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Bruce Cady Writes as Guest in The County Press

Dodd-Frank well-intentioned but strangled community banks

Editor’s note: The U.S. House of Representatives on Thursday passed the Financial Choice Act which is designed to rollback a number of constraints placed on financial institutions by tough Dodd-Frank Act rules enacted by Congress following the 2008 financial crisis. Critics of the new Act say banks need more oversight, not less, and are particularly concerned about a provision that would reduce the powers of the Consumer Financial Protection Bureau. Supporters of the Financial Choice Act say Dodd-Frank stifled the economy and forced undue burdens on small community banks. Supporters also point out the new act provides banks the choice of avoiding stricter regulatory measures by increasing their emergency financial resources. The legislation next moves to the U.S. Senate.

Today’s guest commentary is from Bruce Cady, CEO and Chairman of Lakestone Bank & Trust. Published June 11, 2017.

There is an old saying that the road to hell is paved with good intentions. I believe the Dodd- Frank Wall Street Reform and Protection Act is pavement on that road. The act created the Consumer Financial Protection Bureau (CFPB), which was meant to protect the interests of the average American consumer against the manifestations and manipulations of large, unscrupulous and greedy financial institutions and other similar entities.

Examples throughout history include the medical treatment of bleeding people to cure illness, prohibition and the introduction of Asian Carp to improve water quality in Southern U.S. catfish farms to name a few.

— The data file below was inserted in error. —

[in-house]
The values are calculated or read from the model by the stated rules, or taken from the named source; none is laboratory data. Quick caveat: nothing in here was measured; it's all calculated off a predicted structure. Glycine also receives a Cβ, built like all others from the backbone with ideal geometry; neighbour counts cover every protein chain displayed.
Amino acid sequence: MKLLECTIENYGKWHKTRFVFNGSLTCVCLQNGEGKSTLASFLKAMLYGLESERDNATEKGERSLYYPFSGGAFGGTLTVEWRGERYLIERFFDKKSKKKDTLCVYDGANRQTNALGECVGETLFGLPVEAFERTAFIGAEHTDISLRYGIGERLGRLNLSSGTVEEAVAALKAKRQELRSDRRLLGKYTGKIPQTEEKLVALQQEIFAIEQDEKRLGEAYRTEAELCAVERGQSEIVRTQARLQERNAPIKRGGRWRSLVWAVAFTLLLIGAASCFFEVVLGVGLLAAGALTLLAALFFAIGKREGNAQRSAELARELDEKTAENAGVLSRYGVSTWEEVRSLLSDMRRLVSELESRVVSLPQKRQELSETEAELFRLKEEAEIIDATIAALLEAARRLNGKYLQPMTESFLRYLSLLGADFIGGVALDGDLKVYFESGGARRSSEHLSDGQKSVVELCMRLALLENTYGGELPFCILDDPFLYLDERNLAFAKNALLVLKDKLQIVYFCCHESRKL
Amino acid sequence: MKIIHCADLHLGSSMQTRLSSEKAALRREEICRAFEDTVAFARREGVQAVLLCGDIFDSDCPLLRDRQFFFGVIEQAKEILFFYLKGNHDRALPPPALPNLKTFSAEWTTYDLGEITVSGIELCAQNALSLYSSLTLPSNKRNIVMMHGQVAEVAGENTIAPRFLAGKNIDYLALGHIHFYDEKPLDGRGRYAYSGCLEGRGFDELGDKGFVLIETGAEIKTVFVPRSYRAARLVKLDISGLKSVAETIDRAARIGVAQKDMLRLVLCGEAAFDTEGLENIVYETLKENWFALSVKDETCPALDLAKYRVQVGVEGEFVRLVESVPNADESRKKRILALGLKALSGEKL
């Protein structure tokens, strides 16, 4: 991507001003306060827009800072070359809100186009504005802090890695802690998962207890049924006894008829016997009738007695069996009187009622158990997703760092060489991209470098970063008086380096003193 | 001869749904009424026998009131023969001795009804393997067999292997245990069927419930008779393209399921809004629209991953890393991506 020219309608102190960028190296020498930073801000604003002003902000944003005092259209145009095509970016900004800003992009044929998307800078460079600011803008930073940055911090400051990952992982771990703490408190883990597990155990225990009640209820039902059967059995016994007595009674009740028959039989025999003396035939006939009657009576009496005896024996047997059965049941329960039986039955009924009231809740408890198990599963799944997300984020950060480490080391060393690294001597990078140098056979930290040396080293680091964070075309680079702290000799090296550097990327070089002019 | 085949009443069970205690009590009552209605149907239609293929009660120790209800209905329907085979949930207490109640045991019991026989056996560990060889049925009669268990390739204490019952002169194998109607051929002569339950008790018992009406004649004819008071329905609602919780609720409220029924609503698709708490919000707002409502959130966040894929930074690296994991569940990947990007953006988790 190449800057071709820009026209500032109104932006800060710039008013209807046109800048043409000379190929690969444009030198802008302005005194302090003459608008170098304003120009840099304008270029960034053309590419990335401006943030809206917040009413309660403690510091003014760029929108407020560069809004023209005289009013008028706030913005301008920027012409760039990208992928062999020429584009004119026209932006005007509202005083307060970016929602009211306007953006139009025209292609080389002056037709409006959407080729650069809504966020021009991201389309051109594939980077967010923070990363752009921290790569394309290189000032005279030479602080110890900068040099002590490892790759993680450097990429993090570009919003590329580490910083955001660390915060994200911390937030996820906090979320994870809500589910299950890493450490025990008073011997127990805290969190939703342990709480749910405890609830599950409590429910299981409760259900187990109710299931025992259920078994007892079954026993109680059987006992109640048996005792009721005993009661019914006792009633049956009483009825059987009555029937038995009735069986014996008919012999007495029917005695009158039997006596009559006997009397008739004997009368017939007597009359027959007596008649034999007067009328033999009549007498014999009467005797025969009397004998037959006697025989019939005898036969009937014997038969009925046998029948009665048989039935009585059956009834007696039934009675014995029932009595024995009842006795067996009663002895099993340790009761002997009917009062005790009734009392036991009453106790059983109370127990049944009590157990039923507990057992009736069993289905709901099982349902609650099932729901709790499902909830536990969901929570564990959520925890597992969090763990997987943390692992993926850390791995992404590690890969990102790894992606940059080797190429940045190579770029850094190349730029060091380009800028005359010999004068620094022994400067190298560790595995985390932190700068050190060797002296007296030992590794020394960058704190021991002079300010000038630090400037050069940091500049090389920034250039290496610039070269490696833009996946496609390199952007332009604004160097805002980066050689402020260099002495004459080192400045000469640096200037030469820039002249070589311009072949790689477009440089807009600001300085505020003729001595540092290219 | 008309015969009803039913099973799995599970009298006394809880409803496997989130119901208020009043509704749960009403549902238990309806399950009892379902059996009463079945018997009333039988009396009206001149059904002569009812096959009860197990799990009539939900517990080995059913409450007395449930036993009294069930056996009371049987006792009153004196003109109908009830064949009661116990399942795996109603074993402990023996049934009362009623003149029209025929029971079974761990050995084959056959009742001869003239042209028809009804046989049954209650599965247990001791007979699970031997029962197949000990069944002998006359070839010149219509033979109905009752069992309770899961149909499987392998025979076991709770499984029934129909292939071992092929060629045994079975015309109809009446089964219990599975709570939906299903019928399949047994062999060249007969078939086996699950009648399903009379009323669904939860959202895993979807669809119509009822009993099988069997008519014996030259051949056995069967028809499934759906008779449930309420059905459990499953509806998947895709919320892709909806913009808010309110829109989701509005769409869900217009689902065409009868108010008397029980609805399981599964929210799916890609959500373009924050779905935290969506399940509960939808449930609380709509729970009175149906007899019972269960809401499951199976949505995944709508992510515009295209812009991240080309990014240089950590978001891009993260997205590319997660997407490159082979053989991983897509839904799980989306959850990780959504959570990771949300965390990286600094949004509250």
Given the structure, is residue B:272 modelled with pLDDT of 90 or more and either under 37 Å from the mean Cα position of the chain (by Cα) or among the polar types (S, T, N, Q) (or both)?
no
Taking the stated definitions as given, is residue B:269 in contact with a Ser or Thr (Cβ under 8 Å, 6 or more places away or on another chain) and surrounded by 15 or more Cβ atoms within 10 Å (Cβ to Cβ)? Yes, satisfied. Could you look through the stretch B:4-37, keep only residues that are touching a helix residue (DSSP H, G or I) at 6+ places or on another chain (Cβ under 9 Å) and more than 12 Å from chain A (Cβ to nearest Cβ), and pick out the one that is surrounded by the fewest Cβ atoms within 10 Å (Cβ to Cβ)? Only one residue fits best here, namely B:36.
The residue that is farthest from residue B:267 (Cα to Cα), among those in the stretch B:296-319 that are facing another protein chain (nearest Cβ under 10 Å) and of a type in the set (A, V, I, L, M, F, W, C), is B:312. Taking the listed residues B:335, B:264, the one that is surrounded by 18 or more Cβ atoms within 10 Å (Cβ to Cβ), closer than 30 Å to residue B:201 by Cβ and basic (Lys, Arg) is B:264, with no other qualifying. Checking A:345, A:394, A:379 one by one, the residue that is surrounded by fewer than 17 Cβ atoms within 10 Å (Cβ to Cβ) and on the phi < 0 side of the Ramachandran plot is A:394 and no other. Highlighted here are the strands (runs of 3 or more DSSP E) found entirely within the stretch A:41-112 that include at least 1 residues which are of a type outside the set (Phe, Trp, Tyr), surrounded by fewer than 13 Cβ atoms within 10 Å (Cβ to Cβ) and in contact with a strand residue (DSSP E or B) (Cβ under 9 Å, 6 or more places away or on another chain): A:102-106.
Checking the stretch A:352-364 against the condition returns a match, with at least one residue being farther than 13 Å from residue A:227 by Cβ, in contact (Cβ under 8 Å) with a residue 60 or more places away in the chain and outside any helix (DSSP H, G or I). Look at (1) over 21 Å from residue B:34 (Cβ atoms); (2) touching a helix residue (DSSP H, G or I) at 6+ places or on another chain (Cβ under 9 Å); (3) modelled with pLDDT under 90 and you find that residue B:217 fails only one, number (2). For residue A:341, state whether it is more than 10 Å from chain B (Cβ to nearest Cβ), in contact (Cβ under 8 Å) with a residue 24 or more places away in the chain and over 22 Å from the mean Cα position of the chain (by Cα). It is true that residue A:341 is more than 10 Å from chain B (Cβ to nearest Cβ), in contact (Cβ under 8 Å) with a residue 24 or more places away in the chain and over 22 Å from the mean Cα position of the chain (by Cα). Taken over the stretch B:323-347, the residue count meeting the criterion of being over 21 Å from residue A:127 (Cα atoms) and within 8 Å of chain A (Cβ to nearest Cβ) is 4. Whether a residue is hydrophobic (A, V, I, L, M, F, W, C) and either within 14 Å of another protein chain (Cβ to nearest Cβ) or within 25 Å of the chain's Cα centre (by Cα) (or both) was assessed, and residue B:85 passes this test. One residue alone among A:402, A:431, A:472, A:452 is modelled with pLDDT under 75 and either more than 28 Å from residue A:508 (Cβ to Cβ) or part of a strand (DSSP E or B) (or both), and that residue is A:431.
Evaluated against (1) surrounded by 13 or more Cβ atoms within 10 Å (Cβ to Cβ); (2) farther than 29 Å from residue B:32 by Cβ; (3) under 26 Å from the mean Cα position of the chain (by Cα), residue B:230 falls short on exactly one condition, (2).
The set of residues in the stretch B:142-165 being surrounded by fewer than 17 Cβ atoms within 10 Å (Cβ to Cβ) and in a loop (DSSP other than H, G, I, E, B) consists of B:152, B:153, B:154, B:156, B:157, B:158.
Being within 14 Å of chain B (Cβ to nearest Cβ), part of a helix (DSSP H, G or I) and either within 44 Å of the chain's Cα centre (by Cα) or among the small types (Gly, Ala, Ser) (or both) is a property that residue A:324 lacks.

Unfortunately for us as consumers, the act creating the CFPB made the process of obtaining a mortgage loan for a home, a loan for an automobile or even a “free” checking account so cumbersome and regulated that it strangled the outflow and inflow of loans and payments. The payments system was so hindered by some of the regulation it caused the financial crisis and its effects to linger far beyond any previous recession experienced since World War II.

I believe that very few people have bad intentions. I do not believe the Democratic Congress and Senate had bad intentions when the act became law. However, so often what may seem like good intentions to the people taking the action wind up not being good for the people affected.

The banking industry is one of the most regulated industries in the United States. What the community banking industry needs is not more regulation but more incentive to assist local communities throughout the country to grow and prosper. The President, the House of Representatives and the Senate are all on record saying that community banks are the lifeblood of a healthy nationwide economy. It’s time to remove the unintended shackles created by Dodd-Frank and restore community banking to the role it should be playing.

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